CLASP stabilizes microtubule plus ends created by serving to drive cortical array reorientation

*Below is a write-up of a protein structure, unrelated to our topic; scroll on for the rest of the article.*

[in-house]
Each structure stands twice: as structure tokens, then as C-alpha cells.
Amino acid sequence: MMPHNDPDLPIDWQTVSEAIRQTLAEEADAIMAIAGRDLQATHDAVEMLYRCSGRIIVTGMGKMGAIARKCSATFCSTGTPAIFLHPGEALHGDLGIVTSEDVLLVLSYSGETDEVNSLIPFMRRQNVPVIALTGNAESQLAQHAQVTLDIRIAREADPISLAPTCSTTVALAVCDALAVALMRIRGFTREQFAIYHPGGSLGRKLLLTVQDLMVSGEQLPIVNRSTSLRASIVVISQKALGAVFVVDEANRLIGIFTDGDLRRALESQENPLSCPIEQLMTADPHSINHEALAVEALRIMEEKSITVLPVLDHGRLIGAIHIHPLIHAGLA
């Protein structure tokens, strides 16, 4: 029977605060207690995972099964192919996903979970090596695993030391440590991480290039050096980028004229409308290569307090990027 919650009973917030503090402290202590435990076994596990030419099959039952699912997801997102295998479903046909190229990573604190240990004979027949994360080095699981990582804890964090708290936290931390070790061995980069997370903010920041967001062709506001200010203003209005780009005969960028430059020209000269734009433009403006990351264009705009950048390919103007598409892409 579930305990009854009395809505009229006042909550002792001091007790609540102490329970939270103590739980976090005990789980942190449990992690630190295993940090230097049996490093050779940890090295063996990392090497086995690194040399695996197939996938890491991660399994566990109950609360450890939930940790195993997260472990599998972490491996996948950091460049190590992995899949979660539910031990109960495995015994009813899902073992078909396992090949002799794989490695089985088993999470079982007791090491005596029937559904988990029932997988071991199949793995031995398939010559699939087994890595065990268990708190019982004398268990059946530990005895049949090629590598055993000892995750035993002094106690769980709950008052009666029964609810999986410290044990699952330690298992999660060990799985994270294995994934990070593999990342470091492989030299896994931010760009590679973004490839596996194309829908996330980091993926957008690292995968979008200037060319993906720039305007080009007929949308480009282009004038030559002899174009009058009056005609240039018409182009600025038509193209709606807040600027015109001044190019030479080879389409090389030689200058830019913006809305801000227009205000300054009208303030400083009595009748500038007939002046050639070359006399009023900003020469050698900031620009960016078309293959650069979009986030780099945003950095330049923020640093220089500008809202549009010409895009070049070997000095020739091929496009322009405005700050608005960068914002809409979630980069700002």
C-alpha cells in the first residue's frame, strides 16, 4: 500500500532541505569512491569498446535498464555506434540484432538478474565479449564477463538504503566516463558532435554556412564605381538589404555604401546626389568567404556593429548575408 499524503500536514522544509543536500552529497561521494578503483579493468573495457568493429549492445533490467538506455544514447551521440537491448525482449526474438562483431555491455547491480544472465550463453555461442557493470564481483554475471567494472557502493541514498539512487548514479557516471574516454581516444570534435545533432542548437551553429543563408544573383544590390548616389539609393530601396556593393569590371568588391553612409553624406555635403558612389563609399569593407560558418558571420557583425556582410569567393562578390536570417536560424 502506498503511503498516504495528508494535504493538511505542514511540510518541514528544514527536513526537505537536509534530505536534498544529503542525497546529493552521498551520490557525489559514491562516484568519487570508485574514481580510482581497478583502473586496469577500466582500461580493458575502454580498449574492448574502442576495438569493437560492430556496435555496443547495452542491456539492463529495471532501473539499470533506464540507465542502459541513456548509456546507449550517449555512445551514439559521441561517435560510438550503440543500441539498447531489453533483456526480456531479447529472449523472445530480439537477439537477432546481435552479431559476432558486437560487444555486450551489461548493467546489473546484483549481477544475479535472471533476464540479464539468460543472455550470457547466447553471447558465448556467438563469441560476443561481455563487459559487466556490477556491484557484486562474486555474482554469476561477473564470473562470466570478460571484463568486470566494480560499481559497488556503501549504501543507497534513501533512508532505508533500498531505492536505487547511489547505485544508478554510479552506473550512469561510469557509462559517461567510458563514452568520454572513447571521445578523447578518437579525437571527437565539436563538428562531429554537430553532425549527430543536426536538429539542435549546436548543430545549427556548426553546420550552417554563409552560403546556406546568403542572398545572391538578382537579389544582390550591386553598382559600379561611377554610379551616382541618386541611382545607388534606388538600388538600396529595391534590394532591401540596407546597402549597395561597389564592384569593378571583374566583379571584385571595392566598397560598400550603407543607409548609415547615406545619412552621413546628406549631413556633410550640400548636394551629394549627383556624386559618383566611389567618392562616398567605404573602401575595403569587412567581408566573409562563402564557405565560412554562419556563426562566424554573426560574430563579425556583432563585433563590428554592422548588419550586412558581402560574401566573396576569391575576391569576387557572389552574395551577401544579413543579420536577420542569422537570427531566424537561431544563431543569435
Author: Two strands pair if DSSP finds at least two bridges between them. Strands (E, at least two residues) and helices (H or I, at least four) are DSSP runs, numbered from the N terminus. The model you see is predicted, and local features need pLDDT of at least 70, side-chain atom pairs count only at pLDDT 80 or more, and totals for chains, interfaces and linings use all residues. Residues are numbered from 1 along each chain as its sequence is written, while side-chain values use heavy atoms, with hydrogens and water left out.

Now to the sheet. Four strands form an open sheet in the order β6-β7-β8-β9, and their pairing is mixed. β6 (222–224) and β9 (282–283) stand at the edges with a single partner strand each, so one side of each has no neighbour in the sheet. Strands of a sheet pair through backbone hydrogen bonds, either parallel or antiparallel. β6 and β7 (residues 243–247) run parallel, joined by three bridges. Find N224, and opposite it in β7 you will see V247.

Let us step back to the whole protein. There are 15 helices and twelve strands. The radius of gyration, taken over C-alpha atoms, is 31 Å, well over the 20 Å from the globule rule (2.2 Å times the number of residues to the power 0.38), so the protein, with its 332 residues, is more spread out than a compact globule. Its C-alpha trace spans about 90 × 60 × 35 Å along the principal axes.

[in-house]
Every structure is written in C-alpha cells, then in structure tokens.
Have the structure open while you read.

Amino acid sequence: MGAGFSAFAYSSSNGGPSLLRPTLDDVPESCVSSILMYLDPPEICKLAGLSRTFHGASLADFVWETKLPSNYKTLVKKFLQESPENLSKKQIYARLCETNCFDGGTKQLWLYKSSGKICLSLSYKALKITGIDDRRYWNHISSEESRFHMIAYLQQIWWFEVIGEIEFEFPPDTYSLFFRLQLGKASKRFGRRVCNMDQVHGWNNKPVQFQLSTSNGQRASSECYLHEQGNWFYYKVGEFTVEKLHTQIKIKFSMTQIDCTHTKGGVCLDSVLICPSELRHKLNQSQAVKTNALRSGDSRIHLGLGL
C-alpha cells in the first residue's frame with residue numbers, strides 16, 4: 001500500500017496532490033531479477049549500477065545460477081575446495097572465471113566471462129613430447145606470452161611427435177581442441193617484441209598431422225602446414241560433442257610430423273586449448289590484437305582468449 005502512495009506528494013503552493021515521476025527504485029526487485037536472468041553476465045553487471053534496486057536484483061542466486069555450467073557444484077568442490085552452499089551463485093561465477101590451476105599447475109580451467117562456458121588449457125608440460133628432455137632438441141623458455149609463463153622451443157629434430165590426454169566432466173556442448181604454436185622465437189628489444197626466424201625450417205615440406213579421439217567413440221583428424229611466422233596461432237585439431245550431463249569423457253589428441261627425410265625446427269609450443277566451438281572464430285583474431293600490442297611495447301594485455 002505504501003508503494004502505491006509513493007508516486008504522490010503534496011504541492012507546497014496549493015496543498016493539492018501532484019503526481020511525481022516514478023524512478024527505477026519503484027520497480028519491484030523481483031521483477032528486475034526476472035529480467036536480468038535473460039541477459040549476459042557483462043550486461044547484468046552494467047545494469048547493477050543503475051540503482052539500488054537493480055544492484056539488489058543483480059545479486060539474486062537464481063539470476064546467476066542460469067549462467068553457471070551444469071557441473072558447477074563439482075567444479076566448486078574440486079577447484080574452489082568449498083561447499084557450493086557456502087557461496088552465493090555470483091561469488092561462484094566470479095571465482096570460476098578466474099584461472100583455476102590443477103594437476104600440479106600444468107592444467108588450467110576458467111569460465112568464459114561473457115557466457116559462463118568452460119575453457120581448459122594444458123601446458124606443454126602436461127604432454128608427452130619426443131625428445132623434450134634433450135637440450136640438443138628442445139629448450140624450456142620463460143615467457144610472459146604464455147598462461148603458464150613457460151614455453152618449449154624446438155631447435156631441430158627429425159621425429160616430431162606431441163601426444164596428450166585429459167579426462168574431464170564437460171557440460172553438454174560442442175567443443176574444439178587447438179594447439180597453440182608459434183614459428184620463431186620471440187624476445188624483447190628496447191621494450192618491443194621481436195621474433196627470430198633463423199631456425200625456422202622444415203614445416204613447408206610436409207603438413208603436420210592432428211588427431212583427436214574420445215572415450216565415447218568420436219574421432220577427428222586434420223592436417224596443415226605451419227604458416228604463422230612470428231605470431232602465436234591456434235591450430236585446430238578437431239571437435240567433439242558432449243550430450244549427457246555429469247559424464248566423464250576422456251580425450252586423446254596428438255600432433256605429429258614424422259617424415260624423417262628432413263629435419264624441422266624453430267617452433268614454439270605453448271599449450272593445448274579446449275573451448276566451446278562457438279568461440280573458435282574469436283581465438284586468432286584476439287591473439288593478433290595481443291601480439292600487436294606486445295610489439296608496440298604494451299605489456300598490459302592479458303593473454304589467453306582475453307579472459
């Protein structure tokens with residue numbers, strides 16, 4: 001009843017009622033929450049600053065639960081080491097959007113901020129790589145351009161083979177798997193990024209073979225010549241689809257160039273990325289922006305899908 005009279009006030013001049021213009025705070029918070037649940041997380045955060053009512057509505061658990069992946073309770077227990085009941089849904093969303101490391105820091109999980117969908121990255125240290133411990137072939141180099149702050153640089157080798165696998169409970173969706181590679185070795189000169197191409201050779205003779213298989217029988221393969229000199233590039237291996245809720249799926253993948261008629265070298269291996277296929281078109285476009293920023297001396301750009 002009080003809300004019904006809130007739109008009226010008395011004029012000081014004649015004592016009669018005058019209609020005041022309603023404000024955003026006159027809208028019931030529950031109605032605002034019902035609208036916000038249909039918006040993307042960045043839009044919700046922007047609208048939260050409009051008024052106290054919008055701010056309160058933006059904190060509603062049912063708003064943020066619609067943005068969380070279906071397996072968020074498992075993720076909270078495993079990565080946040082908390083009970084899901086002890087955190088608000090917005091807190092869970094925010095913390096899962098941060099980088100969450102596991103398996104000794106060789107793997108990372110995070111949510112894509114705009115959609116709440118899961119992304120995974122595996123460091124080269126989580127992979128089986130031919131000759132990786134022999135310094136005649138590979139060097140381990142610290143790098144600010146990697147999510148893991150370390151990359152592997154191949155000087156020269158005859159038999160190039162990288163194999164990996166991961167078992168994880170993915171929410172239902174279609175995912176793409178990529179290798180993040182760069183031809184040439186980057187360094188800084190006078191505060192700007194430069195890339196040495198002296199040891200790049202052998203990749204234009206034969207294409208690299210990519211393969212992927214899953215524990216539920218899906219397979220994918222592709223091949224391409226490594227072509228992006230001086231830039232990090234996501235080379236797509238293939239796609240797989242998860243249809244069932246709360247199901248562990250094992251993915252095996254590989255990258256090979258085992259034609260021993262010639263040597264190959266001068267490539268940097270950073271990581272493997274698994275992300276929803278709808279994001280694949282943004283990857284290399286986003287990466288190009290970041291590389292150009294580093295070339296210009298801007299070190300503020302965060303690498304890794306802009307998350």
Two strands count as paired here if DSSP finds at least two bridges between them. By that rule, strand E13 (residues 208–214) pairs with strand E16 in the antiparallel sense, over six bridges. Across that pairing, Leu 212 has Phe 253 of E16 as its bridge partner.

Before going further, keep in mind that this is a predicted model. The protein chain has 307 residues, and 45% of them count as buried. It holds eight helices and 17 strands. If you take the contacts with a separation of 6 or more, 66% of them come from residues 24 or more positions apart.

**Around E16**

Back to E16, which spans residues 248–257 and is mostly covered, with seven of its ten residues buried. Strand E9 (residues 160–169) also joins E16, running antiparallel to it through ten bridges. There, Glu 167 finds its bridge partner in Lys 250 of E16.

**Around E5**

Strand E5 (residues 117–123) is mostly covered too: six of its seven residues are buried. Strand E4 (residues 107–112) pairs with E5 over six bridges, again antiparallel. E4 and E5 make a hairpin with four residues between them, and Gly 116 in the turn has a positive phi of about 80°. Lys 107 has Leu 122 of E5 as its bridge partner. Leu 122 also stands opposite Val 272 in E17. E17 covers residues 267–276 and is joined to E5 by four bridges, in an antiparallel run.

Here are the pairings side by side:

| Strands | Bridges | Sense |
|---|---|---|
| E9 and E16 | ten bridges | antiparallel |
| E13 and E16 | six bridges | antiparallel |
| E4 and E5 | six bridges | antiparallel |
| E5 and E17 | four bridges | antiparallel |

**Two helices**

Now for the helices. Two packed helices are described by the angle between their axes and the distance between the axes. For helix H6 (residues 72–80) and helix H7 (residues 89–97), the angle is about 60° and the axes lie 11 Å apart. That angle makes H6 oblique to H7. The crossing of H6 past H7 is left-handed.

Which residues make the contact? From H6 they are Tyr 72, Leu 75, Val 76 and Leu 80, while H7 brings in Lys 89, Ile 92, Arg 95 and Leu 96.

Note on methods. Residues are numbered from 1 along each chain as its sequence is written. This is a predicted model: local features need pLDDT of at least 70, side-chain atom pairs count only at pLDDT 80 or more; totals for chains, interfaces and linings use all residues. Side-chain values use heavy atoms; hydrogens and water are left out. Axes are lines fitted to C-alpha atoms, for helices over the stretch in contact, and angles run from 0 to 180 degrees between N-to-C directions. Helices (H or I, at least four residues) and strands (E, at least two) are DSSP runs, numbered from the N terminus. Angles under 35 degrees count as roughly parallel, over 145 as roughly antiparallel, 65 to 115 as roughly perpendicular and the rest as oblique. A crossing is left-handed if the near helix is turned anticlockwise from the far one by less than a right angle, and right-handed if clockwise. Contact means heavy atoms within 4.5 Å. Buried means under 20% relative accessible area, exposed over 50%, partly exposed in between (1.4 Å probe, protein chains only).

Central to building and reorganizing cytoskeletal arrays is the creation of new polymers. While nucleation has been the major focus of study for new microtubule generation, severing has been proposed as an alternative mechanism to create new polymers, a mechanism recently shown to drive the reorientation of cortical arrays of higher plants in response to blue light perception. As severing produces new plus ends behind the stabilizing GTP-cap, an important and unanswered question is how these are stabilized in vivo to promote net microtubule generation. Here we identify the conserved protein CLASP as a potent stabilizer of new plus ends created by katanin severing and find that CLASP is required for rapid cortical array reorientation. In clasp mutants both rescue of shrinking plus ends and the regrowth of plus ends immediately after severing are reduced, computational modeling reveals that it is the specific stabilization of severed ends that explains CLASP`s function in promoting microtubule amplification by severing and cortical array reorientation.